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Ukrainian LGM refuge

  The Ukrainian LGM refuge is one of the postulated LGM refuge areas, located 'around' the Black Sea, where groups of humans sought shelter from the glacial climate around 13,000 years ago. From this and other LGM refuge areas a post-LGM recolonization of Europe and Central Asia is postulated.

This area is hypothetically attractive due to the thermal conditions. During the LGM, the European climate was very dry. Northern rivers did not carry waters frozen in glaciers. Sea levels tended to decrease. The Black Sea may have substantially evaporated. The temperature on the bottom would have been 12C warmer than at the 'sea level'[citation needed].

Haplogroup M17 or Hg R1a1, with an inferred age of ~15,000 years, is considered a marker to the people that originate from this glacial refuge. This gene is found at high frequency in Poland, Russia, Ukraine, the Czech and Slovak Republics, Tajikistan and Kyrgyzstan, and is common throughout Central Asia, but is rare in East Asia and Western Europe. The microsatellite diversity of R1a1[1][2][3] is postulated to have been connected with population spread in the period subsequent to the LGM. The marker was involved in recent migrations by Indo-European speaking peoples from the steppes, bringing the gene to new frontiers and an ethnic distribution that add to the evidence that M17 is a diagnostic Indo-Iranian marker.[4] To the North West this same gene spread into Scandinavian territory[5] and is diagnostic as a marker to Viking movements between 800 and 1300 AD.[6] To the East this gene found its way as far as Eastern Siberia, with considerable concentrations in Kamchatka and Chukotka, and it can't be ruled out the gene even entered into the Americas by this route.[7]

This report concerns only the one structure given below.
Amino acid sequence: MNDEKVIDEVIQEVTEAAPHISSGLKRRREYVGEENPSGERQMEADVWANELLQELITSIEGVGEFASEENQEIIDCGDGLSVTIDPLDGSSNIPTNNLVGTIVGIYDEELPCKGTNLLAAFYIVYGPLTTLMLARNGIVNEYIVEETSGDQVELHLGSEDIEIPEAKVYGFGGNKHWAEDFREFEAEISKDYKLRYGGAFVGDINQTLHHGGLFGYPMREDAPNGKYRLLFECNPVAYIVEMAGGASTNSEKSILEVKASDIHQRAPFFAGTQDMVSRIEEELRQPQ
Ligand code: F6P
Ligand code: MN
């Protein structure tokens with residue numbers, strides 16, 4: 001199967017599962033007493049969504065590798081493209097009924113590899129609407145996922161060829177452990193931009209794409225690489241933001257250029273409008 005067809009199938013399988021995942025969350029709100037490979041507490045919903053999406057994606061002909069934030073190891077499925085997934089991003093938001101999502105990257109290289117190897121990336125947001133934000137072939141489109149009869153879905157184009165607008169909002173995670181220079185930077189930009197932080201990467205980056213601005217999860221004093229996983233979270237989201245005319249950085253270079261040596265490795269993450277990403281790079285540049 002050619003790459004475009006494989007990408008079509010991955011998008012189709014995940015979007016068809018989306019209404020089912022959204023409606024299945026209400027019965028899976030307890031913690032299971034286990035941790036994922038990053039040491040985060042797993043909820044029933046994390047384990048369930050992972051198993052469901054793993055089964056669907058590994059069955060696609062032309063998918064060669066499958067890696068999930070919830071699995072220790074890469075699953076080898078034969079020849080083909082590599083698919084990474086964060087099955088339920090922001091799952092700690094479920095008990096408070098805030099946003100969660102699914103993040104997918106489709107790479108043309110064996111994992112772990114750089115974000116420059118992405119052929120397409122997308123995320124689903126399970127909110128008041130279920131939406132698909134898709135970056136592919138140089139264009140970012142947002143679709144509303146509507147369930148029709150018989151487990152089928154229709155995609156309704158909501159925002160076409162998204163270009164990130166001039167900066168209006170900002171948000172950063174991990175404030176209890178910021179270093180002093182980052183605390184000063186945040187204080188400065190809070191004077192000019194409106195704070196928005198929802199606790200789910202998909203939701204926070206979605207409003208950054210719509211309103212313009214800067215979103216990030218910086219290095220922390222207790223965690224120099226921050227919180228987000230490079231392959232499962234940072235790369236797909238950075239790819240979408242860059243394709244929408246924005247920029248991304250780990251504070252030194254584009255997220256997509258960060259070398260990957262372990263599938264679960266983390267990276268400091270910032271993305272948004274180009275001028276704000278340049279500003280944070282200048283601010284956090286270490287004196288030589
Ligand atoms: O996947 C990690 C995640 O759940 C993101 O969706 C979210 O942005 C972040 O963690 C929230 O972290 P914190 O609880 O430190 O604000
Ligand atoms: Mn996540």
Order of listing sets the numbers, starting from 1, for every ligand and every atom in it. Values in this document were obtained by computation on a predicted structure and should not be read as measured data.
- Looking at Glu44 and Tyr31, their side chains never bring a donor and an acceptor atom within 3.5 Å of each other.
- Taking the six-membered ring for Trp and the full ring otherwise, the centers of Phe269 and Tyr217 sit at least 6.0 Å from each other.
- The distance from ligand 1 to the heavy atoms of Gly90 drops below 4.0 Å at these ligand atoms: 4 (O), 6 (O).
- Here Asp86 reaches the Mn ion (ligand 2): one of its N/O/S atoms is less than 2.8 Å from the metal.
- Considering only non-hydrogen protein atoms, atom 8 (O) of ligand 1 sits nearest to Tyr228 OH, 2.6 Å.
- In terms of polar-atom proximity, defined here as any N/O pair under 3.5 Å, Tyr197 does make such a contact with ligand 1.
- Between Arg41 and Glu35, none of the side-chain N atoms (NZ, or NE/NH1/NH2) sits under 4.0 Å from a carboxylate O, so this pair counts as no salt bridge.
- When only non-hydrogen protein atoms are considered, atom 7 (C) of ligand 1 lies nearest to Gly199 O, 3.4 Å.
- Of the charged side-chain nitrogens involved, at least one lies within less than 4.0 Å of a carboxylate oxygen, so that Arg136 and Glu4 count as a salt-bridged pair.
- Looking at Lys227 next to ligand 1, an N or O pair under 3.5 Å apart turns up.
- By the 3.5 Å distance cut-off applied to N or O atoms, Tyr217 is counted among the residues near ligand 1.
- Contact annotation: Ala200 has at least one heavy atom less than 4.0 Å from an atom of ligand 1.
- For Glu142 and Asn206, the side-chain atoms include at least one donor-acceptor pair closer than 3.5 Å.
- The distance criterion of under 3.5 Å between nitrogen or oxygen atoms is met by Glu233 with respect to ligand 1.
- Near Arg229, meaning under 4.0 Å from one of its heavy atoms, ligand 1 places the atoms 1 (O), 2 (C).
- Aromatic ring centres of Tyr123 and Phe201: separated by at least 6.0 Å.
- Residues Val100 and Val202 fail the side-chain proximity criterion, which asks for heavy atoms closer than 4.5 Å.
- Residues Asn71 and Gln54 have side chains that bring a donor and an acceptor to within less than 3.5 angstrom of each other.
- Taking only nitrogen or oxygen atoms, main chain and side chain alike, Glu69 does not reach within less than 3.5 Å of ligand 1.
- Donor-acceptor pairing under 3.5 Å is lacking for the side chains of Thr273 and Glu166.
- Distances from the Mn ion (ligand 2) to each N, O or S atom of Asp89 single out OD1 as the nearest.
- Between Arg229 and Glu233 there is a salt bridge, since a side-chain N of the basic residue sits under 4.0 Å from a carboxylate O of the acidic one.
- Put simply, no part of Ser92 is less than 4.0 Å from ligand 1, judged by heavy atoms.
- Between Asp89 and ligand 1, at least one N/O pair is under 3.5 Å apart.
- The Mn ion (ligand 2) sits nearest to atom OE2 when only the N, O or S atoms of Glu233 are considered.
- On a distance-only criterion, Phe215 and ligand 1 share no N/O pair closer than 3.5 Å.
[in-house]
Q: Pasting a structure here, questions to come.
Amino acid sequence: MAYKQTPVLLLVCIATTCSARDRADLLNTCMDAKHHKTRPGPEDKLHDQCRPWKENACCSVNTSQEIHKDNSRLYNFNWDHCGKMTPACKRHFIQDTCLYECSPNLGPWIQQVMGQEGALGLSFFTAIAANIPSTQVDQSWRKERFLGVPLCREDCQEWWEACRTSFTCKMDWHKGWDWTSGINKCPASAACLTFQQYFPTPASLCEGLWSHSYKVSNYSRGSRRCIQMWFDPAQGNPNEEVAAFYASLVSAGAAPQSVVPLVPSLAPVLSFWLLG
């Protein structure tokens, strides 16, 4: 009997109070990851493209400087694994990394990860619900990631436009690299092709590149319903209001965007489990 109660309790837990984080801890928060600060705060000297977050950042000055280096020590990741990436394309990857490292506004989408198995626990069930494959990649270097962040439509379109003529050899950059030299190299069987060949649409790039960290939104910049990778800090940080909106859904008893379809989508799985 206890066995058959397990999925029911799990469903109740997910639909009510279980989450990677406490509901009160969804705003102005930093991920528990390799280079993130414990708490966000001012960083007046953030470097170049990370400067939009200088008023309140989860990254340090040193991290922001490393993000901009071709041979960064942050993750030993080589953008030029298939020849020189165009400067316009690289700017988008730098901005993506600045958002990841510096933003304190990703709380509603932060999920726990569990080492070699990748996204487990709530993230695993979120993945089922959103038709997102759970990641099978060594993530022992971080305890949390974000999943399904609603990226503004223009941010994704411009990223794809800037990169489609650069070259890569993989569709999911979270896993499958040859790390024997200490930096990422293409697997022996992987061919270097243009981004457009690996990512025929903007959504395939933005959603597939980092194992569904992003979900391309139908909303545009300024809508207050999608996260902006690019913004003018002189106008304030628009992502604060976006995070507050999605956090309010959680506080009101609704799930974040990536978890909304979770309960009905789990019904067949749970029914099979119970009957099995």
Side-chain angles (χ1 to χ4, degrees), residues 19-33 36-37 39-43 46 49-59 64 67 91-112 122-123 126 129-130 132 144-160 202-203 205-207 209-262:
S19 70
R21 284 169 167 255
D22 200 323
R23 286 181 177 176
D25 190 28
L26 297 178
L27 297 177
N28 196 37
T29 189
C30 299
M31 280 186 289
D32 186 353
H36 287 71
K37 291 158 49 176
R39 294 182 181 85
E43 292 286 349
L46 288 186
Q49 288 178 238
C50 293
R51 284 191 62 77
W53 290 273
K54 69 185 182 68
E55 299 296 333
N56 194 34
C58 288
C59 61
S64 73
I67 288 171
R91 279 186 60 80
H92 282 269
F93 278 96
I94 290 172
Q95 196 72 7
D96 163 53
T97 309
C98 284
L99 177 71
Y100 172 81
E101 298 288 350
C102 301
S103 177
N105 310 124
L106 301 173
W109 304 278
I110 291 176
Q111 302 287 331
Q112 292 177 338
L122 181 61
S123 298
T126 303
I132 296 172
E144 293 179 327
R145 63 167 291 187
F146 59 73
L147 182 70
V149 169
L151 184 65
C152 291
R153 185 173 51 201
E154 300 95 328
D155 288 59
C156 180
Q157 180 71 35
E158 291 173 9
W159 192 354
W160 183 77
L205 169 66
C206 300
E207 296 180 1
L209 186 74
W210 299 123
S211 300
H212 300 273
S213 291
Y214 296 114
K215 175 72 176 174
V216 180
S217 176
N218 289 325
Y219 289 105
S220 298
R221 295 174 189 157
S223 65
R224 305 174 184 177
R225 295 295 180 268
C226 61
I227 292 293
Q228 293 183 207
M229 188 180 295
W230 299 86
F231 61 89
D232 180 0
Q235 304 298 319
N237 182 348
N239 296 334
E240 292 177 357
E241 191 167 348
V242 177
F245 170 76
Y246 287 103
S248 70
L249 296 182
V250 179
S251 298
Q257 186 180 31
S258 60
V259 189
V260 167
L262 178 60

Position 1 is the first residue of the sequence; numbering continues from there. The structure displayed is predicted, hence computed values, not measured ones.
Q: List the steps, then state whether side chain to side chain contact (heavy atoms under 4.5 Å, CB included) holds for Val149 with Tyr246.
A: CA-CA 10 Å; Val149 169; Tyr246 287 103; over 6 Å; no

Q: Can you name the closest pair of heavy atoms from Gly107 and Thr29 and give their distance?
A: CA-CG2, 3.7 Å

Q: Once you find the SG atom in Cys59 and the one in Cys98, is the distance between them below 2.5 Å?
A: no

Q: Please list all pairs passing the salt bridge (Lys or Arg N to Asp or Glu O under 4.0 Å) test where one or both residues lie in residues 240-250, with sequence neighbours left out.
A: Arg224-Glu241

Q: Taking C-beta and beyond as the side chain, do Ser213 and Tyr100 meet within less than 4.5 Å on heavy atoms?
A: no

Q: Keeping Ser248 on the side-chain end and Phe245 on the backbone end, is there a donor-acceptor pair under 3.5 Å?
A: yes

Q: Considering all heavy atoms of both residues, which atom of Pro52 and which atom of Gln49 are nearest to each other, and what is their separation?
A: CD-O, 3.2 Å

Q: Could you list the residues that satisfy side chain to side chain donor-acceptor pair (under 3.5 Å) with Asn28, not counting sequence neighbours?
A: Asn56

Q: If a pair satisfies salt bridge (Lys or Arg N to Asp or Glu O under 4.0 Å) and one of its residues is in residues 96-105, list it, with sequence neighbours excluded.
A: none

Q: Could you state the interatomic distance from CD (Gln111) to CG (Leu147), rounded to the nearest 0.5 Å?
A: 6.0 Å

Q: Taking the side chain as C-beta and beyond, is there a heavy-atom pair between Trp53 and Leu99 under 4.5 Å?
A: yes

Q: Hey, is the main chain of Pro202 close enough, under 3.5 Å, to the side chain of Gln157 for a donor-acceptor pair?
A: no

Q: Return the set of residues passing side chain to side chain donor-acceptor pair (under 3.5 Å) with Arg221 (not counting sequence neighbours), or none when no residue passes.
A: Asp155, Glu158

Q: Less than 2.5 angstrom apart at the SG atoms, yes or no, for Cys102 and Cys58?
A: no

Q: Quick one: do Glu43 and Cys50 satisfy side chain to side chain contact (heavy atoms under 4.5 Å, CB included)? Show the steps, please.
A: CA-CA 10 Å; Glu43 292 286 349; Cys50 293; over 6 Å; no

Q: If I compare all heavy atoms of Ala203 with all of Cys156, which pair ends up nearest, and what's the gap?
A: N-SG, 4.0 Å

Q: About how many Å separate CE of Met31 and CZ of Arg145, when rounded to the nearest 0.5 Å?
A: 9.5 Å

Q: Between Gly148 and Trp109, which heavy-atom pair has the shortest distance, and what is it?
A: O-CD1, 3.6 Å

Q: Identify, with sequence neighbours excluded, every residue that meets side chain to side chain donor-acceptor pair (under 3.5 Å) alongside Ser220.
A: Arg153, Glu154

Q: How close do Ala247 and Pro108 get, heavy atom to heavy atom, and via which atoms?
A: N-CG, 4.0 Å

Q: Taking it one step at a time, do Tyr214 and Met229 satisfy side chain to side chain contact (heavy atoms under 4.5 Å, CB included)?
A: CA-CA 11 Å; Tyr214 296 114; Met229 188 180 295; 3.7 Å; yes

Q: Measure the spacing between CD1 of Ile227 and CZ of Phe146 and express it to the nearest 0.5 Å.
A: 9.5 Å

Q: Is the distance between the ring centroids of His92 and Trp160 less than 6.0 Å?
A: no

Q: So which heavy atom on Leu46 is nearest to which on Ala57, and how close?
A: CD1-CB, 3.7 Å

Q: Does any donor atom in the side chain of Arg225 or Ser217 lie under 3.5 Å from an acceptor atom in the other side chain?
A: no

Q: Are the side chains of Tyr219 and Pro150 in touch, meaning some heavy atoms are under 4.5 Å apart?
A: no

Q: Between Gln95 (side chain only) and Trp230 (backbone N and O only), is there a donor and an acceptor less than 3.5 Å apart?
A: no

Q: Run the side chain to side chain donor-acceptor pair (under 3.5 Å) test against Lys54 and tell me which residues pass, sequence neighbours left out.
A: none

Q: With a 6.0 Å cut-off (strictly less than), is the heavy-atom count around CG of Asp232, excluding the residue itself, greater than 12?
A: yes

The current distribution of this M17 (Hg R1a1) marker is characterized by high concentrations of the gene over wide areas from Lapland to Ukraine and from Poland to Kazakhstan and Pakistan, with sharp drops on the fringes where gene barriers are met, like caused by natural borders or the advance of peoples originally expanding from other LGM refuges, like postulated in Spain and the Balkans. The exceptionally high frequencies of R1a1 in the Kyrgyz, Tajik/Khojant, and Ishkashim populations are likely to be due to genetic drift, while lower concentrations elsewhere are partly due to documented intrusions, for instance of Turkish origin. There are several frequency variations across Eurasia, including intrusions of M89 (Hg F, common in Korea and India), M170 (Hg I, especially Hg I1a and Hg I1c (M223), originating from North Western Europe), and M172 (Hg J2, attributed to the spread of farming from the Near East). From Northeast Asia came M130 (Hg C, common in Mongolia), while haplotypes M124 (Hg R2) show a maximum in Central Asia.

See also

  • Genetics and Archaeogenetics of South Asia
  • Kurgan hypothesis
  • Black Sea deluge theory


  1. ^ A. S. Santachiara-Benerecetti, unpublished data
  2. ^ from by Ornella Semino &a
  3. ^
  4. ^ The Eurasian Heartland: A continental perspective on Y-chromosome diversity - R. Spencer Wells at all [1]
  5. ^
  6. ^ A Y Chromosome Census of the British Isles - Cristian Capelliet al [2]
  7. ^ The Dual Origin and Siberian Affinities of Native American - Jeffrey T. Lell et al [3]
This article is licensed under the GNU Free Documentation License. It uses material from the Wikipedia article "Ukrainian_LGM_refuge". A list of authors is available in Wikipedia.
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